(As a side note, we could really use a contemporary “Court of Last Resort”. We could also use more public intellectuals like Erle Stanley Gardner.)

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Last weekend, I was poking around at one of the Half-Price Books locations and found something that intrigued me: two bound volumes of the American Rifleman from 1971 and 1973. This is close to the time when I started reading AR (Dad had a stack of old ones in the garage, and I was a precocious child), and I still have a fondness for the magazine of that era.

So I started flipping through the bound volumes, and ran across this cover story from the May 1971 issue:

esg_ar

“Well. Well well well. Well.” said I.

(I apologize for the kind of crappy photo. These bound volumes run at about two ox-stunning units, and are very hard to get on a scanner.)

The cover story is a tribute to Gardner, who was also an NRA member, and who had passed away about a year previously. The two guns on the cover were donated by his wife to the NRA Museum. The handgun is a Colt Single Action Army in .45 Colt; it and the leather were given to him by a client in a shooting case. (Gardner won an acquittal.) The rifle is an early Weatherby in .300 Weatherby Magnum, using a Mauser action (instead of the Weatherby Mark V action used in later rifles).

There are a few interesting bits of trivia in the AR tribute that I wasn’t aware of:

  • Gardner was so accurate with a rifle that he gave up using firearms for hunting for a long period of time. Instead, he did his deer hunting with a bow and arrow.
  • In his 70s, Gardner set out to prove that a person with a .22 handgun could survive indefinitely on the small game he could harvest “within 300, 200, or even 100 miles of Los Angeles.” This became a three-part article for Sports Afield. (I dare you to try that today.)
  • “He had a habit of racking .22 tubular-magazine rifles with the magazines pulled partway out.” He also liked inexpensive guns, probably (as the article notes) because his guns were working guns for his ranch, not safe queens.
  • Gardner invented “archery golf”: “Players were allowed so many shots with a bow and arrow to get up to a hole – actually, a paper sack on a pole. Each player then made the hole by shooting an arrow through the paper sack.”

What I find even more interesting than the tribute is that the American Rifleman also reprinted a Gardner essay: “Why Gun Registration Can’t Cut Crime”. I can’t find it online, but it is in another essay collection, Cops on the Campus and Crime in the Streets.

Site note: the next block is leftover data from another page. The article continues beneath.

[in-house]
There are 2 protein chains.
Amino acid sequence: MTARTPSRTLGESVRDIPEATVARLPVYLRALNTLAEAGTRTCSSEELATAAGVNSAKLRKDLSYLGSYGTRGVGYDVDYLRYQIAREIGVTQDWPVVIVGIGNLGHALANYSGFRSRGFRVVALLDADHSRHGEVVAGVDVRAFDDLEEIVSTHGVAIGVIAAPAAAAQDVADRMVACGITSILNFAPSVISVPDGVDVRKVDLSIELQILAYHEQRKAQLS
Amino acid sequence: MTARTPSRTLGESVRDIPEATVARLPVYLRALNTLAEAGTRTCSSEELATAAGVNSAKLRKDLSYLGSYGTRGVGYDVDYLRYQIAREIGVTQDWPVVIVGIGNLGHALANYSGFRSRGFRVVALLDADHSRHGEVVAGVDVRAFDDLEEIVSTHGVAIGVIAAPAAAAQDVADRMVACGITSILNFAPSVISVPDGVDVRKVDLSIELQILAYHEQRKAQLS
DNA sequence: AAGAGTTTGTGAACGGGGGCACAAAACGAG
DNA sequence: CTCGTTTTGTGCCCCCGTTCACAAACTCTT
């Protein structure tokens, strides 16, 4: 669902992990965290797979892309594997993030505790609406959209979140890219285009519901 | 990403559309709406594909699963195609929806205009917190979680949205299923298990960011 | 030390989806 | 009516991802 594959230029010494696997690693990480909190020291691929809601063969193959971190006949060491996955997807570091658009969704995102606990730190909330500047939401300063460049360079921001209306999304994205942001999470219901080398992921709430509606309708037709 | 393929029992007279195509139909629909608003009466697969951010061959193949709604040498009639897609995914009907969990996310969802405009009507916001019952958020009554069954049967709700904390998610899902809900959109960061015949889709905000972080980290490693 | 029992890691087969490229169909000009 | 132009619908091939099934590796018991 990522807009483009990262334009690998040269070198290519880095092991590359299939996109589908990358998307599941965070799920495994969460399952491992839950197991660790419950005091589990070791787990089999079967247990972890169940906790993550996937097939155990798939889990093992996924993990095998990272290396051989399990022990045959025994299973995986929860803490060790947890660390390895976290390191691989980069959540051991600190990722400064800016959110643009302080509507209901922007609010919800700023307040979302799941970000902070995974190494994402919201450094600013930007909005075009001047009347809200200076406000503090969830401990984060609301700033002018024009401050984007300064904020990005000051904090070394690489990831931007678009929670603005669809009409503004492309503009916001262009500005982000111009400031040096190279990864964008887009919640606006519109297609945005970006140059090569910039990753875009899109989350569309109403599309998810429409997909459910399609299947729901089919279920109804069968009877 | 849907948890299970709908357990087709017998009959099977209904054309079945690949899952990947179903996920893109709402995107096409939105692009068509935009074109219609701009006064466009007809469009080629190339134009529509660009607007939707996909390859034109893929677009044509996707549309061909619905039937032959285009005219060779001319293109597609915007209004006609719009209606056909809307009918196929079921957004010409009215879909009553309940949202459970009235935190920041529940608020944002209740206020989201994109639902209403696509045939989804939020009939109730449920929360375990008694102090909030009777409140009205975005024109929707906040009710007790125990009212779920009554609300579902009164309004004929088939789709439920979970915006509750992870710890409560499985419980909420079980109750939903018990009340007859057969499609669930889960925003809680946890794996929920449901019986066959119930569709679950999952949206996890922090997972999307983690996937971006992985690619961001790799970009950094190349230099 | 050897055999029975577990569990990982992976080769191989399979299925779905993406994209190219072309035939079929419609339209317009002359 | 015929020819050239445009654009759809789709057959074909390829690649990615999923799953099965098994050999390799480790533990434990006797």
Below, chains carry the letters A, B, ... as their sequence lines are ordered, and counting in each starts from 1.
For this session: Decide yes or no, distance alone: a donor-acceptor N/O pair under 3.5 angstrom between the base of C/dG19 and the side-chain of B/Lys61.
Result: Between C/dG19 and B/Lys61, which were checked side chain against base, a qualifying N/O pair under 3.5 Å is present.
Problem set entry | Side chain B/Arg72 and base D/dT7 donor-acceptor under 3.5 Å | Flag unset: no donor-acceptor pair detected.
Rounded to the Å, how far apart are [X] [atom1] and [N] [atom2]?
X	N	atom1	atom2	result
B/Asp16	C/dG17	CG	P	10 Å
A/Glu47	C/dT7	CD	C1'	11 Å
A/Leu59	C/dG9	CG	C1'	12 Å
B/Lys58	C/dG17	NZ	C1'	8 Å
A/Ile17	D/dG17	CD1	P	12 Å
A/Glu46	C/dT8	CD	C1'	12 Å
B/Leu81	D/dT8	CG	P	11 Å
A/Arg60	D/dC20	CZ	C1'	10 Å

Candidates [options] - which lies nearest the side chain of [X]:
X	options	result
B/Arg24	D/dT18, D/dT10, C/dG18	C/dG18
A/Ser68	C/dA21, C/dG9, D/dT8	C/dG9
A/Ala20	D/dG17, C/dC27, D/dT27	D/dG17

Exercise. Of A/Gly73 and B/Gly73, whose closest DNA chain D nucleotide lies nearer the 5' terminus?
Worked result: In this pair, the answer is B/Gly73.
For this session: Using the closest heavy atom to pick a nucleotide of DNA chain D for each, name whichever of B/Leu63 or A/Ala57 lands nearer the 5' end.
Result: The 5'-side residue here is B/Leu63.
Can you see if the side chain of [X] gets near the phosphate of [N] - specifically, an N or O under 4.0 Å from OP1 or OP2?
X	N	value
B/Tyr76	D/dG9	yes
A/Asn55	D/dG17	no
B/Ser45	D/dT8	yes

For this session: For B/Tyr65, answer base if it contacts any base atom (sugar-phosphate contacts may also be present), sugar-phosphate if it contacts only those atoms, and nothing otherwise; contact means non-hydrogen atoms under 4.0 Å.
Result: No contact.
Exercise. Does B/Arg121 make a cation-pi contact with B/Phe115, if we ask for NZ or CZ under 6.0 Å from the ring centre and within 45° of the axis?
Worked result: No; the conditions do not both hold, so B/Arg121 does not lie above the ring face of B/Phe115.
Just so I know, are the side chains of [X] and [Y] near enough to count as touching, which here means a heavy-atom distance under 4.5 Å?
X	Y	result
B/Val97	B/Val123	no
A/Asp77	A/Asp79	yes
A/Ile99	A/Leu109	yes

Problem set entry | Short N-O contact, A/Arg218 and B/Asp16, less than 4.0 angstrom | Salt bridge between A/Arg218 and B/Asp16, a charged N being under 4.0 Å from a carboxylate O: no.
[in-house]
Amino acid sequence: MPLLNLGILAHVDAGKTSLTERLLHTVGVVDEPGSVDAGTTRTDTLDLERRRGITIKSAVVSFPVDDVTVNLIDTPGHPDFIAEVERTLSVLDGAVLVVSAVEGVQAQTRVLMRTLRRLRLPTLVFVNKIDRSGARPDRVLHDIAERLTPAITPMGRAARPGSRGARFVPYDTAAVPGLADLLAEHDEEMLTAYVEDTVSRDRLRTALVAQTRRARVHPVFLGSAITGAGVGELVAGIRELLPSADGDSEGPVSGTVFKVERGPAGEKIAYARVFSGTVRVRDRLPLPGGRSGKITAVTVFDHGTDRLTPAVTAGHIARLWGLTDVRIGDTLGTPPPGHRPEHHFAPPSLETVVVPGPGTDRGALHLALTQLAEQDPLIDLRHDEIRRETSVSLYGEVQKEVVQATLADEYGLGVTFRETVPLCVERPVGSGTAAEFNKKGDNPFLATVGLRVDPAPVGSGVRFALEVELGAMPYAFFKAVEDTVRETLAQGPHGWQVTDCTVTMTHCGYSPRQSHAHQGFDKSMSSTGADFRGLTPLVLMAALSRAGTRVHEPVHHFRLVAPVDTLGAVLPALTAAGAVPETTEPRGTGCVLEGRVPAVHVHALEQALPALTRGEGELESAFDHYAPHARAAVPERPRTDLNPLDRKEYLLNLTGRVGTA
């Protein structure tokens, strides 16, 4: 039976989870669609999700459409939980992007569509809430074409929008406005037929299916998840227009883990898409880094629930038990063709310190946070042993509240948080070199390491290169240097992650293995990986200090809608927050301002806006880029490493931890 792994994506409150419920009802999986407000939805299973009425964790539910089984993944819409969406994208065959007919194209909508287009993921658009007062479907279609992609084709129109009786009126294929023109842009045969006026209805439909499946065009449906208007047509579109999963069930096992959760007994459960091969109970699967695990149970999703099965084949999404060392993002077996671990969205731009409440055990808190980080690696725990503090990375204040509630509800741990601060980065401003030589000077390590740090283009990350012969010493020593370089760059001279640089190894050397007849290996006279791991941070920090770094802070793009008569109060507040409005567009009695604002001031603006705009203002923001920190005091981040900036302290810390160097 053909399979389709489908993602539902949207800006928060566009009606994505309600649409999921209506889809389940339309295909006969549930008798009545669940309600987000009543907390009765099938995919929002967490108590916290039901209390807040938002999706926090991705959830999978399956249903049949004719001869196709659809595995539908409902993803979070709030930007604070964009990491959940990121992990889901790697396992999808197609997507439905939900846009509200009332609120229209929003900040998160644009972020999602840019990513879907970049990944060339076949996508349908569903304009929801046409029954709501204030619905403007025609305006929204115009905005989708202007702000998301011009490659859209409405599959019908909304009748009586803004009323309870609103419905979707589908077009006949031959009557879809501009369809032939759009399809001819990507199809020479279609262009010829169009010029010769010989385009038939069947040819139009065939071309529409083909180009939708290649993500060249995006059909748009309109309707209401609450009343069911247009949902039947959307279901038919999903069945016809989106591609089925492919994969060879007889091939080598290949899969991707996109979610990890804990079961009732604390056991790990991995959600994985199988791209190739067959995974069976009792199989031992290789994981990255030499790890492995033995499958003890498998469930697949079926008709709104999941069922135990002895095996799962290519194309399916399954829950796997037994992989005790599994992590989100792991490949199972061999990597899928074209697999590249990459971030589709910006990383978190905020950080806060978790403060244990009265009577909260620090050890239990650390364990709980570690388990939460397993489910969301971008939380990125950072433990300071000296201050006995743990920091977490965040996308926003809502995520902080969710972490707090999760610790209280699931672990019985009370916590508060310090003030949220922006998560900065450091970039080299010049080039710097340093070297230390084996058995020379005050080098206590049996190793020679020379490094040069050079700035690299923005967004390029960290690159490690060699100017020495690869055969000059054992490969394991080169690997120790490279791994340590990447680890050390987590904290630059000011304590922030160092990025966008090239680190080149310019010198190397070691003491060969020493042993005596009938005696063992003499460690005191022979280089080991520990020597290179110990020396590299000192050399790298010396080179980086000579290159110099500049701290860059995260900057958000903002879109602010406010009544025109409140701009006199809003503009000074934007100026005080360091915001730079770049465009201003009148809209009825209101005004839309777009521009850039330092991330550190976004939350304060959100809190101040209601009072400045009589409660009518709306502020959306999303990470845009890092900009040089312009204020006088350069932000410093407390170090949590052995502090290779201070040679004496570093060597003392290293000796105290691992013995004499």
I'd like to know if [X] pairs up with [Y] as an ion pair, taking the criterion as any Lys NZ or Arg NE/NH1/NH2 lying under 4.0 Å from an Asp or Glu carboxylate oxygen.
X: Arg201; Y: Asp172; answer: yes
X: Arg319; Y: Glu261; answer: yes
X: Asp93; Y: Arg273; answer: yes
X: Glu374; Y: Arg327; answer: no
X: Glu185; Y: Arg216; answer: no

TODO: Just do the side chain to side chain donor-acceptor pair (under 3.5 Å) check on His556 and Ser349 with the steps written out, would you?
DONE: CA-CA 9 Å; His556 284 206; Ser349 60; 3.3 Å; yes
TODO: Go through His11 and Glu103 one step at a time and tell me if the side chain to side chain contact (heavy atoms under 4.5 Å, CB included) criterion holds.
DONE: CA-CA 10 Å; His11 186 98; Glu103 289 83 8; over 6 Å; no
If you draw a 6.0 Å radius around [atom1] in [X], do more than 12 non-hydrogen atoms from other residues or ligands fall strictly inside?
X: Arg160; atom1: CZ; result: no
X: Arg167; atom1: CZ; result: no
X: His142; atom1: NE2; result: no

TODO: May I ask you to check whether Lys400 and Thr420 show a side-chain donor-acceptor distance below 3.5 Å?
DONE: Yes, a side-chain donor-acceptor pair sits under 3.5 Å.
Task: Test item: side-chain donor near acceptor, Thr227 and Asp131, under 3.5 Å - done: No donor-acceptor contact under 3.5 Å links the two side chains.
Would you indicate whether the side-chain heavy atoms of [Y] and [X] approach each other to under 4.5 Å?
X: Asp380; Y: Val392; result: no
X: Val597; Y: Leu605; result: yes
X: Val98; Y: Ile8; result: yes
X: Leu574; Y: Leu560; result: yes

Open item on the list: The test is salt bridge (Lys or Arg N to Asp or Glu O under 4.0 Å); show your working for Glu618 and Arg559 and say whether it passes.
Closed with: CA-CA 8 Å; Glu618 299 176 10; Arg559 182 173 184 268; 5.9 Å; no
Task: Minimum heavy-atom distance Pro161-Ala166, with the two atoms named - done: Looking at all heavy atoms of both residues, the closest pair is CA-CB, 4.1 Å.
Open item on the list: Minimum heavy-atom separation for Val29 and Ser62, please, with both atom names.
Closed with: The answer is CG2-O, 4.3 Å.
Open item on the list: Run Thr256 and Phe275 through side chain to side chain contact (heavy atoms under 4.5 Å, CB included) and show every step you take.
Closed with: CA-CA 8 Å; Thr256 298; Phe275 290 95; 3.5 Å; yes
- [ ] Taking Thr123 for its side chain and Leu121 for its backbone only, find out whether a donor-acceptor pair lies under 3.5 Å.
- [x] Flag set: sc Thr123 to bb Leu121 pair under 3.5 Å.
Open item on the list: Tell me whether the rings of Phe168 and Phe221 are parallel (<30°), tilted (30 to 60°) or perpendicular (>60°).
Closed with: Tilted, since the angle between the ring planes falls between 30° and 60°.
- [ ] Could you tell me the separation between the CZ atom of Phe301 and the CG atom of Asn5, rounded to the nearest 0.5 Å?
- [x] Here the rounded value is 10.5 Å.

There is an old expression which somehow indicates the subconscious thinking of the American people. It starts out, “There ought to be a law against…”
Whenever the American people want to stop something they want a law prohibiting the thing they want stopped, as if laws in themselves were a solution.

Gardner’s essay goes on from there, outlining the flaws in gun registration laws. (Why would a criminal register their guns? How do you deal with the registration information and keep it secure?)

We aren’t going to disarm the criminal. We may as well make up our minds to that right at the start. We can try to do it, but the criminal is going to be armed. The man who needs a gun in order to perpetrate a holdup is going to have a gun.

I’m used to finding that people whose work I generally like have big blind spots in certain areas, especially guns. It perhaps should not have come as a surprise, but it is refreshing to me that Gardner was as wise and sane about gun politics as he was about other aspects of criminal justice.

All we want to do is photograph your brains.

Wednesday, October 1st, 2014

A brief consumer note for my readers. Many of you know of my interests in neurology, books, and photography.

Please do not purchase this book for me.

Thank you.

Instead of actual content…

Friday, September 12th, 2014

…I give you a very silly quiz from the WP:

Is this a line from ‘The Great Gatsby’ or a New York Times profile of Lena Dunham?

I have never seen an episode of “Girls” (since I refuse to have cable). However, I still got a perfect score on the quiz. Which says something: either about my knowledge of Gatsby or about how silly this quiz actually is, I do not know.

Oh, what the heck, I’ll throw this one in, too:

http://www.lingscars.com/

I sent this to Lawrence with the suggestion that it might be worse than Bello De Soto’s website: Lawrence doesn’t think so, and I’m still trying to make up my mind.

There are so many things that push it towards legendary badness for me: the chicken walking around on the live Twitter feed (why?), the auto-play Chinese karaoke (ditto?), the spinning chat avatars, gratuitous abuse of the blink tag…

On the other hand, it hasn’t actually crashed any browser I’ve tried it on so far. On the gripping hand, it is an actually up and (apparently) functional website, as opposed to an archive of one…

You want sad? I’ll give you sad.

Wednesday, September 10th, 2014

Very often the president would stride briskly out of the White House, with Tad at his side trying to keep up, and march four blocks down to 1207 New York Avenue, to Stuntz’s Fancy Store, a magical little toy shop. The owner, Joseph Stuntz, was a retired French soldier who carved wooden toy soldiers in a tiny back room. Sometimes Lincoln showed up alone at Stuntz’s and bought toy soldiers for Tad for Christmas. “I want to give him all the toys I did not have and all the toys I would have given the boy who went away,” Lincoln told the master toy maker.

The Last Lincolns, page 49 (paperback).

Inside the White House, workmen were making last minute repairs, preparing the executive mansion for the new president. In a second-floor bedroom they found something unexpected — the vast collection of Tad Lincoln’s toy soldiers. These were the beautiful, hand-carved figurines Abraham Lincoln had purchased for his son at Stuntz’s toy store. They were Tad’s favorite playthings, but he had left them behind, probably because he could not bear to see them again. He was no longer the president’s son. He was just Tad Lincoln.